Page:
Introduction: Hysterectomy is one of the most performed medical interventions on women. Its impact on women’s sexual life has been poorly addressed in the sub-region.
Objective: To study the impact of hysterectomy on sexuality.
Patients and methods: This was an observational and prospective cross-sectional study conducted on 72 women who underwent hysterectomy in theUniversity and Departmental Hospital Borgou Alibori(CHUD-B/A) Gynecology and Obstetrics Department in Parakou, Benin, with a 5-year follow-up from January 2009 to December 2014. The Female Sexual Function Index (FSFI) scale was used as a data collection tool to assess sex life.
Results: At the end of the study, the average age of women with hysterectomy was 43.7 years with extremes ages ranging from 26 to 64 years. Symptomatic uterine myoma was the first indication of hysterectomy (48.6%), abdominal (81.9%) and total (76.4%). Respondents were relieved by the intervention in (91.7%) but hysterectomy deteriorated sexual life in 34.7% cases with a decrease in sexual desire in 95.8% of cases. Excitations challenges and lubrication were 84.7% and 80.6%. Orgasm and sexual satisfaction were not significantly affected.
Conclusion: Hysterectomy relieves women who have had surgery, but its repercussions on sexual life must be taken into account.
Keywords: Hysterectomy; Psychology; Sexuality
Sexuality is conditioned by many cultural, religious, physical, emotional, marital and socio-economic factors. Hysterectomy, a necessary therapeutic option in certain situations, is accompanied by significant urinary, gastrointestinal and sexual morbidity by nerve fiber lesions with a psychological and sexual impact, given the role and the symbolic burden of uterus in procreation [1,2]. In recent decades, the role of the uterus and cervix remains controversial in sexual and orgasmic function. Master and Johnson in 1966 , then Crépault  in 1989 described two orgasms: clitoral and vaginal with uterine movements. For others, orgasm involves the pelvic floor and the anterior wall of the vagina. More recently, it would be a complex neuro-psycho-physiological process that activates the autonomic nervous system involving a true anatomo-functional entity connecting the vagina, the clitoris urethra and the anus.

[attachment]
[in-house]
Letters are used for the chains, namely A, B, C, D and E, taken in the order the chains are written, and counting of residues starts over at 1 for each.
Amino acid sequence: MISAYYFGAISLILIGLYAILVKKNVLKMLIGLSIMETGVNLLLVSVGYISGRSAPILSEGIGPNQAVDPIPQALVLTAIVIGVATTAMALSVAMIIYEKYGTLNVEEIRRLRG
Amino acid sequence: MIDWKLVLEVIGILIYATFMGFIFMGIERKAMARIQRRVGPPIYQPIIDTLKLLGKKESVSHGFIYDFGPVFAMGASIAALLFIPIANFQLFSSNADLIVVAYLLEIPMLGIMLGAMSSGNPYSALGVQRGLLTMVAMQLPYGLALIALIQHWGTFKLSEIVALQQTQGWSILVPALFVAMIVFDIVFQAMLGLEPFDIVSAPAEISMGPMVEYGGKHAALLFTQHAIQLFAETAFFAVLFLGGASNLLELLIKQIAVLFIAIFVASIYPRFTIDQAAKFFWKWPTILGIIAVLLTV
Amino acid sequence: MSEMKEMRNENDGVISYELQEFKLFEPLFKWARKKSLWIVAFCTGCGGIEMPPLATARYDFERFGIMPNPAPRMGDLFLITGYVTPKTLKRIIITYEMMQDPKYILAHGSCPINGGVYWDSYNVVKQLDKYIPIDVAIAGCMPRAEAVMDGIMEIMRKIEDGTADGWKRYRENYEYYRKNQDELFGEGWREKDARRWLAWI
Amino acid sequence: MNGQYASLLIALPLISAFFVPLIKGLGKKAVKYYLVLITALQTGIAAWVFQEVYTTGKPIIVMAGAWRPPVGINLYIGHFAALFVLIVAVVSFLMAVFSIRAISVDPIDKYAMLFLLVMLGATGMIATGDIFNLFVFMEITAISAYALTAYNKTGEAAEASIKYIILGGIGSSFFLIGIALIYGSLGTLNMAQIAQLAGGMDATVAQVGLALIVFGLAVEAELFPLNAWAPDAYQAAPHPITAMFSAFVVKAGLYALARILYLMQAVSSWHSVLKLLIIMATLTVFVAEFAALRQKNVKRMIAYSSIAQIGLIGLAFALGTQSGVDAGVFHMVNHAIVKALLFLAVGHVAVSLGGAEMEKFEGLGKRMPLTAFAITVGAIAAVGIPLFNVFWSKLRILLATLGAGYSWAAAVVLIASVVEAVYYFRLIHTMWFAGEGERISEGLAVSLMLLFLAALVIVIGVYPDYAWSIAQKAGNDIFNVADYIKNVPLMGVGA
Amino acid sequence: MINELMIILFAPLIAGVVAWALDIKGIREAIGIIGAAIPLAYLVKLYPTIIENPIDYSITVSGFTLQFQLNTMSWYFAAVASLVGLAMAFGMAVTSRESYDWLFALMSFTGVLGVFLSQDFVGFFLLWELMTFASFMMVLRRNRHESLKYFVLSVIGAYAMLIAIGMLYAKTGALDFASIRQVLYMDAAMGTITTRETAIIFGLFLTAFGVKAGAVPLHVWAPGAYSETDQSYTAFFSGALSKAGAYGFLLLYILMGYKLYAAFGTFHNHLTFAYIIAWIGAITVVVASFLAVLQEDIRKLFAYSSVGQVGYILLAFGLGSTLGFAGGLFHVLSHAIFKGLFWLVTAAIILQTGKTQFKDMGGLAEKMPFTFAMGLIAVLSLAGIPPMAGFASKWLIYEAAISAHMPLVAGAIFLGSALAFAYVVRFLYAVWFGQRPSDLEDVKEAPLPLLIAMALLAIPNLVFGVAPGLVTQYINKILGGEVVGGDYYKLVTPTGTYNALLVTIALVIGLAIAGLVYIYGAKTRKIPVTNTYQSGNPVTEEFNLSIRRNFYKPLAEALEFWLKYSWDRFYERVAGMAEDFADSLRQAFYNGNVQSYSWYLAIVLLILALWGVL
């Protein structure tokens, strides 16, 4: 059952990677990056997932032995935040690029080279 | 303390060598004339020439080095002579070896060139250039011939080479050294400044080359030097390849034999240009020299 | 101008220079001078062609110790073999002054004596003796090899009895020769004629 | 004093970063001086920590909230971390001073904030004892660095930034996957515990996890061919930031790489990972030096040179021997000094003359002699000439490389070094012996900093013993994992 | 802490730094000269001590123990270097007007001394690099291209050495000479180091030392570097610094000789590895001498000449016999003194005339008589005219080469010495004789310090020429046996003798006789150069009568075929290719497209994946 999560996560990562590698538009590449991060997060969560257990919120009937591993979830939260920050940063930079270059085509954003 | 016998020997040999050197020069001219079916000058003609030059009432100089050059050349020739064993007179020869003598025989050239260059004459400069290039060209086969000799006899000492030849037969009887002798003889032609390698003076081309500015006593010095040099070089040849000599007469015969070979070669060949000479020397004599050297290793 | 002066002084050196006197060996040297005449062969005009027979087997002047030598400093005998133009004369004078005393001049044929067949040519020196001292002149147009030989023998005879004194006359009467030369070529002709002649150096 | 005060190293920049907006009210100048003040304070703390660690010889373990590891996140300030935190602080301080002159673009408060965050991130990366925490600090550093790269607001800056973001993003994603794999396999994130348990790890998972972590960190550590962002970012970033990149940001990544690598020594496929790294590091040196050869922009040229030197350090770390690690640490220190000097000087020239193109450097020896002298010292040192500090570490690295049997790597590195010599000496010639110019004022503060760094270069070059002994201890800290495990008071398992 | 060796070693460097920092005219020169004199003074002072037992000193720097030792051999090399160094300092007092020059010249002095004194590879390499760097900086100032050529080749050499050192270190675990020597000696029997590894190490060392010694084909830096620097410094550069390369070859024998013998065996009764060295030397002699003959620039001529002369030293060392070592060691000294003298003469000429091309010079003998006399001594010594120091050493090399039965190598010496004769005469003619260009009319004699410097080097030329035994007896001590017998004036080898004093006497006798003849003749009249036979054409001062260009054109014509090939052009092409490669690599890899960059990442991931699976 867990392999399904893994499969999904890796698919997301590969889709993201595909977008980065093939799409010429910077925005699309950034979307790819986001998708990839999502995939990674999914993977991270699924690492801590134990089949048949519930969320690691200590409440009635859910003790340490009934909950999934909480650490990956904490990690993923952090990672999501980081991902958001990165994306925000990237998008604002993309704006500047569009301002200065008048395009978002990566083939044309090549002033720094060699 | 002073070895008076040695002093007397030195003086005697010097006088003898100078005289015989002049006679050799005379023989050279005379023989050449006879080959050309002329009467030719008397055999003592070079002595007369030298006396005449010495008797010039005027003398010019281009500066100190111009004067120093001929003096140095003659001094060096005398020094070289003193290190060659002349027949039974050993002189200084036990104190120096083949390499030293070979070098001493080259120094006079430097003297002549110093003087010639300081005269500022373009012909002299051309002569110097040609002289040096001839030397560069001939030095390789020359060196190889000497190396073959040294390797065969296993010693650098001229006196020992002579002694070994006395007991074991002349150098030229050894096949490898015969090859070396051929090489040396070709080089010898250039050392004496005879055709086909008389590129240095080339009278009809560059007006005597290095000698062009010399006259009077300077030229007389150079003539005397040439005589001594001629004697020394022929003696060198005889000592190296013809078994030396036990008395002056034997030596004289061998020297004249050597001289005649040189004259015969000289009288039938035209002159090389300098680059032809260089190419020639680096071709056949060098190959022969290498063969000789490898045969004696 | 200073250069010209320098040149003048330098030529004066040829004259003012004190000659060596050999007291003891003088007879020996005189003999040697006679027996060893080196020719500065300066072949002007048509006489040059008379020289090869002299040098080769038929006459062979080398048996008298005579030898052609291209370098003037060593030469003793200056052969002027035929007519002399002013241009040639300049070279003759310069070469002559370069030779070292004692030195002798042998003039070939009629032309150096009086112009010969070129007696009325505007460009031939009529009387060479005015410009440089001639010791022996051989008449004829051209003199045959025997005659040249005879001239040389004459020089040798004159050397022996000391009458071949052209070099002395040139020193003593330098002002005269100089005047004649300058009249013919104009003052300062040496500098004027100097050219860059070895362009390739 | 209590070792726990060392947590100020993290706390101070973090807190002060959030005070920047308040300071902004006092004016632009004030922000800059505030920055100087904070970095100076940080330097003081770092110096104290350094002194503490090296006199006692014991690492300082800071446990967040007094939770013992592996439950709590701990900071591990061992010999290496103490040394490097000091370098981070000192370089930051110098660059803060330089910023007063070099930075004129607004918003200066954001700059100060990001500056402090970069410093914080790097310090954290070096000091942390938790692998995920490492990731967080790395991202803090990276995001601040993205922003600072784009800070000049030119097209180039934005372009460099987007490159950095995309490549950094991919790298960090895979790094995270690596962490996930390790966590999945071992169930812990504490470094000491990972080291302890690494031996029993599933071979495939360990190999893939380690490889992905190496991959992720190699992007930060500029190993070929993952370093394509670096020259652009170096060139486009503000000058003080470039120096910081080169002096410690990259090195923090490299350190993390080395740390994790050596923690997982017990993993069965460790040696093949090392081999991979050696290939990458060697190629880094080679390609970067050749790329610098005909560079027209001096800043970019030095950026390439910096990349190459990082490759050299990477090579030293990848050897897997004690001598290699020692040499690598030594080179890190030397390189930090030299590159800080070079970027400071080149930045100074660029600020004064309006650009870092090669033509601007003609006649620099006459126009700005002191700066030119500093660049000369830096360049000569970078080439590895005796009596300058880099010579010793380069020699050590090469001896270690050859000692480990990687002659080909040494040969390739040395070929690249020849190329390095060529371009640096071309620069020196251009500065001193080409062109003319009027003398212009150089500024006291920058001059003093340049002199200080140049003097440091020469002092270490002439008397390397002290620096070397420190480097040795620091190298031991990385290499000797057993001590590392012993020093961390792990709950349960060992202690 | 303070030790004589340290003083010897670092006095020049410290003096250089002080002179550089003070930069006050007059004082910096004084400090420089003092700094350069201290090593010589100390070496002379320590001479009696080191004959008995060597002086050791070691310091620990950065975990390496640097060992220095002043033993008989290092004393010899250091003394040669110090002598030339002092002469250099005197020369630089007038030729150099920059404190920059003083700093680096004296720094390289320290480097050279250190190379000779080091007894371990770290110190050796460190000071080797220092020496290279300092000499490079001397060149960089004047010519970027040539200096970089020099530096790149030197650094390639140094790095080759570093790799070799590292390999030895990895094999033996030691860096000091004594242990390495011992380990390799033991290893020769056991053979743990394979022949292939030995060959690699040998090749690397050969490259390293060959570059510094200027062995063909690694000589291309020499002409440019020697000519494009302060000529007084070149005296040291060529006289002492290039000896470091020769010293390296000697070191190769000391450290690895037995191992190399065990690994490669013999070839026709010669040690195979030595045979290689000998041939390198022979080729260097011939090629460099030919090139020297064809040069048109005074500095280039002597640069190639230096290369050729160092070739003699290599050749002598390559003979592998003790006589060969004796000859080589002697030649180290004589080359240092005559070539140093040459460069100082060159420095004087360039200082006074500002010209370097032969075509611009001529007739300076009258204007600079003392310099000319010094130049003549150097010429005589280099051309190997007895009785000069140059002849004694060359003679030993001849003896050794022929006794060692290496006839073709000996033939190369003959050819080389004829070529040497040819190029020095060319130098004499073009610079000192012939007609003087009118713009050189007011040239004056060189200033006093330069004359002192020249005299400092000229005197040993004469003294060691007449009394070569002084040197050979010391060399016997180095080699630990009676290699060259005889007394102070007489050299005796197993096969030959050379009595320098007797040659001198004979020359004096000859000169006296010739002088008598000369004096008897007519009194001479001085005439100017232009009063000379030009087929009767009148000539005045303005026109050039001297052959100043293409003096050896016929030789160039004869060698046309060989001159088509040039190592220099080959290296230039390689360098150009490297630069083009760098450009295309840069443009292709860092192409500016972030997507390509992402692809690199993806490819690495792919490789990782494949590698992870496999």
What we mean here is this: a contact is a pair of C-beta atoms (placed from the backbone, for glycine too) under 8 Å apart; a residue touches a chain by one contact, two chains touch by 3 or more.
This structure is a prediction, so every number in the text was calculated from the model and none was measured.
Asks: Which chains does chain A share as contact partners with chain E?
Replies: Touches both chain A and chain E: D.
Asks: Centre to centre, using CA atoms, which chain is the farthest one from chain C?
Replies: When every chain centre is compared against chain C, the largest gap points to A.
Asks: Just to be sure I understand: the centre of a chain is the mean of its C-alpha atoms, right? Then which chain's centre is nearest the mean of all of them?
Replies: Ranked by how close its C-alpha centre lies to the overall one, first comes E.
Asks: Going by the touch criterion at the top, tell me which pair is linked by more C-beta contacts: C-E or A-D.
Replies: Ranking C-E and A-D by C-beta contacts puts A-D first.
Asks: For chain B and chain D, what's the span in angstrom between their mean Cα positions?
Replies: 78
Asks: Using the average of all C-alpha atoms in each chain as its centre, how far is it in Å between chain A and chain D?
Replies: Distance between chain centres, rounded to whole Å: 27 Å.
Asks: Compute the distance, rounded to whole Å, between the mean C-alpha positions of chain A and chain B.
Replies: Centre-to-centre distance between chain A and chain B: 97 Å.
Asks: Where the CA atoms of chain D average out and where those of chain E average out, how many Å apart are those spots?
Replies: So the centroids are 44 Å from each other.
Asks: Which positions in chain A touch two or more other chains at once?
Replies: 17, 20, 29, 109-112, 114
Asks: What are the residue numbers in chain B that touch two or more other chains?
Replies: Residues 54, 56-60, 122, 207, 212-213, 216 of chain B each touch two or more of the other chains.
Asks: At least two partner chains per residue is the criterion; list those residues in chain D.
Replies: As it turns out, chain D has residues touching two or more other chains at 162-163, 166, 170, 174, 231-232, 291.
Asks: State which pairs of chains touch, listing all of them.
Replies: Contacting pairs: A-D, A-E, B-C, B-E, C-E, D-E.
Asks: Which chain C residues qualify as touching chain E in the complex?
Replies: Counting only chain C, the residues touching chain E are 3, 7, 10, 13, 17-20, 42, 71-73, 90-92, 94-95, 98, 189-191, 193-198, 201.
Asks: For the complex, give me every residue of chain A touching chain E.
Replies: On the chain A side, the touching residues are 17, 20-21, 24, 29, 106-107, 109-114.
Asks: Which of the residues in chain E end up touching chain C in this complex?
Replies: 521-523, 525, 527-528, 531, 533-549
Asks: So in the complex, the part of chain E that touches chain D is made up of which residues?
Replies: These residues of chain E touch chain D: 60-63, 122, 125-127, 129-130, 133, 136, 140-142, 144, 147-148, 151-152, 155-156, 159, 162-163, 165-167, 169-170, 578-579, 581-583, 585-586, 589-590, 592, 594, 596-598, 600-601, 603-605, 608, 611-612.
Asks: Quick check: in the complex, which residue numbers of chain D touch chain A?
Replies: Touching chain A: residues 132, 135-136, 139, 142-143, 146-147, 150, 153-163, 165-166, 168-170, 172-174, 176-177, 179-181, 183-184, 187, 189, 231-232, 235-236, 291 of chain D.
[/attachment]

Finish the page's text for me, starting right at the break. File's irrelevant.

Sexuality has a certain degree of subjectivity making it difficult to evaluate. In clinical practice, the use of the Female Sexual Function Index (FSFI) scale has been validated for the investigation of clinical sexual dysfunction [5,6]. The evaluation of the postoperative psychological state can be done using the Patient Health Questionnaire for depression and anxiety (PHQ-4) scale . Few studies in the subregions have addressed these issues, hence the value of our study.
This study was an observational and prospective cross-sectional study undertaken over a 6-month period from February 15, 2015 to August 16, 2015. It focused on a comprehensive sample of 72 women who had a hysterectomy in the Gynecology and Gynecology Department of CHUD-B/A at Parakou in Benin from January 2009 to December 2014.
Inclusion criteria: All patients who had undergone a hysterectomy for a gynecological or obstetric pathology, with a complete medical file and who gave their consent. Those who did not agree to participate in the study, did not have a telephone contacts and those whose records were unusable were not included in the data analysis. The data were collected directly from the patients using the questionnaire. The Female Sexual Function Index (FSFI) scale was used to assess sexual life.
The score is rated from 1.2 to 36. Sexual function is considered good when the score is ≥ 26.55. For each dimension, the score is good when it is ≥ 4. Medical records were used for additional information. The data were analyzed and processed using the Epi Info software version 3.5.1 The chi-square test was used, and the difference was judged statistically significant for a p ≤ 0.05.
General description of the population